Pennsylvanians have access to an abundance of water much of the time, so the importance of clean water is often overlooked. For most of us, water use is a habit. We are accustomed to having water available at the twist of a faucet. We usually do not think about how much water we use.
In 1900, each of the 6 million people living in Pennsylvania used about 5 gallons of water per day. Since then, our population has doubled to almost 12 million people, and our water consumption has increased to an average of 50 gallons per person per day.
Part of this 900 percent increase in water use is due to the many modern water-using conveniences in our homes, such as automatic dishwashers, clothes washers, garbage disposals, and home water treatment systems. A significant change in water use occurred when the bathroom was moved indoors. It is ironic that we use one of the most precious resources to carry our waste away.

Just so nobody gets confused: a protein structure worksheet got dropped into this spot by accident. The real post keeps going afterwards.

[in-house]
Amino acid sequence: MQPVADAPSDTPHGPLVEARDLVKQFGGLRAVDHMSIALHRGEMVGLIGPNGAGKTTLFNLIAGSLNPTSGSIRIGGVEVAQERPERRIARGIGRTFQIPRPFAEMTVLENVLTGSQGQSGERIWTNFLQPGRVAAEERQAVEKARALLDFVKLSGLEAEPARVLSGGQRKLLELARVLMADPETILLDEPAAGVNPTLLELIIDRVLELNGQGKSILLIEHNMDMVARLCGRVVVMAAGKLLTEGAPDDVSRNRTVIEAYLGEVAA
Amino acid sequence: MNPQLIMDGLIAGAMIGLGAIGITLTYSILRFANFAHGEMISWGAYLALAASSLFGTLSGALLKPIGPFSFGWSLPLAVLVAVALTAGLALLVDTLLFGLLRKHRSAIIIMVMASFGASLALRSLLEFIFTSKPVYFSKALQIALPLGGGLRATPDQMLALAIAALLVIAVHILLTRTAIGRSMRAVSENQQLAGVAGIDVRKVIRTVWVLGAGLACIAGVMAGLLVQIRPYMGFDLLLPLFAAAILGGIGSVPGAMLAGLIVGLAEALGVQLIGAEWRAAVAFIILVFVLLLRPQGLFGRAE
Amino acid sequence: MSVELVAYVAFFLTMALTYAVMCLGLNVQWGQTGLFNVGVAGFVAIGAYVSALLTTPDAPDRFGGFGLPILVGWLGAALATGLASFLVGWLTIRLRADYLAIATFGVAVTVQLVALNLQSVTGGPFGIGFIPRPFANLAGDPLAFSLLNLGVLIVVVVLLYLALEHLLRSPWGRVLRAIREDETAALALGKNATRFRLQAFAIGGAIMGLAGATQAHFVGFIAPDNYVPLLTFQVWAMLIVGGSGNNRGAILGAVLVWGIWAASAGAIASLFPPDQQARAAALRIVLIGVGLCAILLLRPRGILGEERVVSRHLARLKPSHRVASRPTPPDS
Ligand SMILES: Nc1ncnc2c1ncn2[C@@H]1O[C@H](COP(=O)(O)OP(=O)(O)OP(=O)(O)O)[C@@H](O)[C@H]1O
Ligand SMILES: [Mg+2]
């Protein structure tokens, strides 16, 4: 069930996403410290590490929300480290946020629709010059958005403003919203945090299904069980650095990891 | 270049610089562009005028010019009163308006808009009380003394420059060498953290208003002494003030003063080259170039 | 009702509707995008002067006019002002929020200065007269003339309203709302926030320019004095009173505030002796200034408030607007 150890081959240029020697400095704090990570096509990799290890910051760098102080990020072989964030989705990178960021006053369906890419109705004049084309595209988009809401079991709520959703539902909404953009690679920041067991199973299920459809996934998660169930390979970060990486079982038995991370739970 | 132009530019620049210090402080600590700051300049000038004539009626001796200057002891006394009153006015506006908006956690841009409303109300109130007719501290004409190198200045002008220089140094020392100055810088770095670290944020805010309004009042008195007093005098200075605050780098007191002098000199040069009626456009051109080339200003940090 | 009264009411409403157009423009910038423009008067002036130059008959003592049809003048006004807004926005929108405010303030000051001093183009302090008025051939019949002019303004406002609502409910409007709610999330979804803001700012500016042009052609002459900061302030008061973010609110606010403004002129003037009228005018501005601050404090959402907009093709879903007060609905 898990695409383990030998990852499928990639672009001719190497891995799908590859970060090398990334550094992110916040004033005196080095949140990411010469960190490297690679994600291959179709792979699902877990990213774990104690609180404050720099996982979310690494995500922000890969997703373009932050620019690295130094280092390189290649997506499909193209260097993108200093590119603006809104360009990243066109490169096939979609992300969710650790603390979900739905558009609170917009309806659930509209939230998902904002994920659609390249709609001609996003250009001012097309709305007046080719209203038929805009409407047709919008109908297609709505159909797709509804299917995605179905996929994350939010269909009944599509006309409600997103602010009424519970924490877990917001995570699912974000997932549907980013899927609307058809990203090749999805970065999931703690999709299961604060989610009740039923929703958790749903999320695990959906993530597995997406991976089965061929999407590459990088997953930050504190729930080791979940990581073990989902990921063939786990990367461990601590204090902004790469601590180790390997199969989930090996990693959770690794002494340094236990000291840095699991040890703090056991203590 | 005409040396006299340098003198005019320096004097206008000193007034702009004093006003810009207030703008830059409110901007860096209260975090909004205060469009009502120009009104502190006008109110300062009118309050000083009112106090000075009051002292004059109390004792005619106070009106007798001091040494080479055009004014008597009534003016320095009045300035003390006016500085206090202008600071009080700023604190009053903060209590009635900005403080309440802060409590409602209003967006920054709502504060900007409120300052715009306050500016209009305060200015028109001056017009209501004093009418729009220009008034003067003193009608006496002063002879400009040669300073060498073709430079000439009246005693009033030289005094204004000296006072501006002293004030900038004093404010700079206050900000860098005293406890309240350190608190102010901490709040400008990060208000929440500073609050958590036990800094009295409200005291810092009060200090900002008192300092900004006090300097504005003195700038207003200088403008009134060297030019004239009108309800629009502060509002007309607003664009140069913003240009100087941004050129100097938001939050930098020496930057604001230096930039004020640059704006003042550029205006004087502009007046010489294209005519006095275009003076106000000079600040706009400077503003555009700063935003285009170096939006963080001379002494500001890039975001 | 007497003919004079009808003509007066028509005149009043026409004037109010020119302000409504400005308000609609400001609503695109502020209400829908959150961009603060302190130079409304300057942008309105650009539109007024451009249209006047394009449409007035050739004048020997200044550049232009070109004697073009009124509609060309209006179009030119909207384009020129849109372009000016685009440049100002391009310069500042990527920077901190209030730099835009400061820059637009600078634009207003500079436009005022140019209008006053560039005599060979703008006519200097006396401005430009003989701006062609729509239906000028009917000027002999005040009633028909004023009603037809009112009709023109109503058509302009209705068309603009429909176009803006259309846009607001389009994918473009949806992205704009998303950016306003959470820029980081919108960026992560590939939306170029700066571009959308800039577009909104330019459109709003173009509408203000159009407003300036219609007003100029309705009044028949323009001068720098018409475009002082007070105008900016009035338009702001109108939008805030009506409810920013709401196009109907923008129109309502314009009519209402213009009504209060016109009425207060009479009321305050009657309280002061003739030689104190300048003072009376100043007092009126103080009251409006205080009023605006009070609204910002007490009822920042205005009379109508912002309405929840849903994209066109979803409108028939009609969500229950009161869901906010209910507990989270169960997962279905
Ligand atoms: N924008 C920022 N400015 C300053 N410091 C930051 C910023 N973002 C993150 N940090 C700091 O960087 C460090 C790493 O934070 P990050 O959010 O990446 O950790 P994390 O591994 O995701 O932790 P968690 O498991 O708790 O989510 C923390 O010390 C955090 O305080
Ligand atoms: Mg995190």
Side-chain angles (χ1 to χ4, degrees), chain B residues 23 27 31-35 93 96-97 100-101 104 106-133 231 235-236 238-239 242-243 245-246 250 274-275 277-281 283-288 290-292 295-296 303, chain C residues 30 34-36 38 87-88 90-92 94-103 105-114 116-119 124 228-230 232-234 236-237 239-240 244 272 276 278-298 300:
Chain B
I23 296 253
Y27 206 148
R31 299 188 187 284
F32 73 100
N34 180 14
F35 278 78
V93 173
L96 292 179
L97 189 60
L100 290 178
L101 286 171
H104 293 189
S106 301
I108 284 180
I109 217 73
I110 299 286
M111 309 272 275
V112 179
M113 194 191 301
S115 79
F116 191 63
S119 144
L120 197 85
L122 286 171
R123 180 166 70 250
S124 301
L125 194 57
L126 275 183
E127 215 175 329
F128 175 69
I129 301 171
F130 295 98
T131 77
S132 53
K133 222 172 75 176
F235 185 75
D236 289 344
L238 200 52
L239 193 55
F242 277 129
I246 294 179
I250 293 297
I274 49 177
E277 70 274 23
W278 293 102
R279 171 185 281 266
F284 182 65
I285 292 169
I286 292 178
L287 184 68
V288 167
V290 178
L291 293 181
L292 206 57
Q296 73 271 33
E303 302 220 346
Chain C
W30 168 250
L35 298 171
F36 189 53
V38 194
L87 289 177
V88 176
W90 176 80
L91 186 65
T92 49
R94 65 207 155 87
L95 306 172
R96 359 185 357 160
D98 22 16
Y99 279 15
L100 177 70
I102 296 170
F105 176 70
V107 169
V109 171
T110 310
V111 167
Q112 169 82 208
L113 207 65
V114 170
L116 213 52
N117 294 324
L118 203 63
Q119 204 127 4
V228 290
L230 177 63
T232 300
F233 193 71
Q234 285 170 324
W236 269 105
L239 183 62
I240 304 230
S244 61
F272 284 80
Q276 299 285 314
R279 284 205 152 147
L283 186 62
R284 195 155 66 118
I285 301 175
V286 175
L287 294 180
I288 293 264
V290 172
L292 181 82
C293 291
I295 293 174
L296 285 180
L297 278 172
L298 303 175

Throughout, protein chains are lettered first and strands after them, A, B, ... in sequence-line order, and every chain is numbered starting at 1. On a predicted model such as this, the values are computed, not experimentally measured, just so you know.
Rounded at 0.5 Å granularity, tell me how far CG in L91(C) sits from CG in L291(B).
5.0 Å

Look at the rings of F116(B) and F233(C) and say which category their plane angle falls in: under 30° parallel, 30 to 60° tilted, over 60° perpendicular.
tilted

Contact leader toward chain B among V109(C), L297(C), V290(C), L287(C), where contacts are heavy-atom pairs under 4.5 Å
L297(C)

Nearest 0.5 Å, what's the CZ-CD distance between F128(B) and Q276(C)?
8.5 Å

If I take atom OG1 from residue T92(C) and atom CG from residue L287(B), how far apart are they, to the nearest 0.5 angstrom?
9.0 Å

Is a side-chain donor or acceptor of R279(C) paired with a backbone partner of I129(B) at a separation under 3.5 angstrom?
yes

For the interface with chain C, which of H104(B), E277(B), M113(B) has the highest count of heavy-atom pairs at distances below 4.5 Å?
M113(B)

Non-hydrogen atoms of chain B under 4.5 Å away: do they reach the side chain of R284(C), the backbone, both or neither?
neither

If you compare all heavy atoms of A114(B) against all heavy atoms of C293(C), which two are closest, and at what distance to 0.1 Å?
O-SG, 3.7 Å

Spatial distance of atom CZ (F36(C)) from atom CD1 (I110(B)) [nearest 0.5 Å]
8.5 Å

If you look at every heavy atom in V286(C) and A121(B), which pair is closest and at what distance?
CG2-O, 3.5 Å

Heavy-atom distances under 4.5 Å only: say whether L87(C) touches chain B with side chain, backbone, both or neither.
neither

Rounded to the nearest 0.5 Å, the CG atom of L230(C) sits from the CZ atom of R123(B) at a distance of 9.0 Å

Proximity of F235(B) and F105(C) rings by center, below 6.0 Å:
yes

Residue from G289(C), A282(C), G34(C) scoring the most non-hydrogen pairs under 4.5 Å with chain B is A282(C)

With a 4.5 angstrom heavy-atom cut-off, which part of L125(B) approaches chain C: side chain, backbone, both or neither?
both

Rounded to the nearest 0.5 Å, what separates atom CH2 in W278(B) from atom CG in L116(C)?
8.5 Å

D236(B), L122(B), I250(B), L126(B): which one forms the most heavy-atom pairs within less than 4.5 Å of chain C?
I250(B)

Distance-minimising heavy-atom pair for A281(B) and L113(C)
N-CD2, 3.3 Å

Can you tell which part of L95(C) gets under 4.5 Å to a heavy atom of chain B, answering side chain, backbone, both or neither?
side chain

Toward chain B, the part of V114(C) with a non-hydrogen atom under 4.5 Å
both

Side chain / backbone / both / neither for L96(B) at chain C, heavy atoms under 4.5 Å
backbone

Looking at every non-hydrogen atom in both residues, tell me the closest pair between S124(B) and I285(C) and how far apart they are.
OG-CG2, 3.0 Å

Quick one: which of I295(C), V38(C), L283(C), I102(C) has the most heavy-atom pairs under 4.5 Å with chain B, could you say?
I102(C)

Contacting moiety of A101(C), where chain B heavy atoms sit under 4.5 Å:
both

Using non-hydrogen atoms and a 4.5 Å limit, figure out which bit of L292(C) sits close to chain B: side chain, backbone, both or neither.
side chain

Our water resources are not unlimited. They are affected every day by precipitation, population growth, economic development, and pollution. Because water is a resource that must be shared, competition for its use is an ever increasing management problem.
In the past, we attempted to alleviate our supply problems by constructing storage facilities and developing new resources such as wells and reservoirs. However, these measures can be costly, both economically and environmentally.
A more cost-effective way to protect our water resources is through sound management or conservation.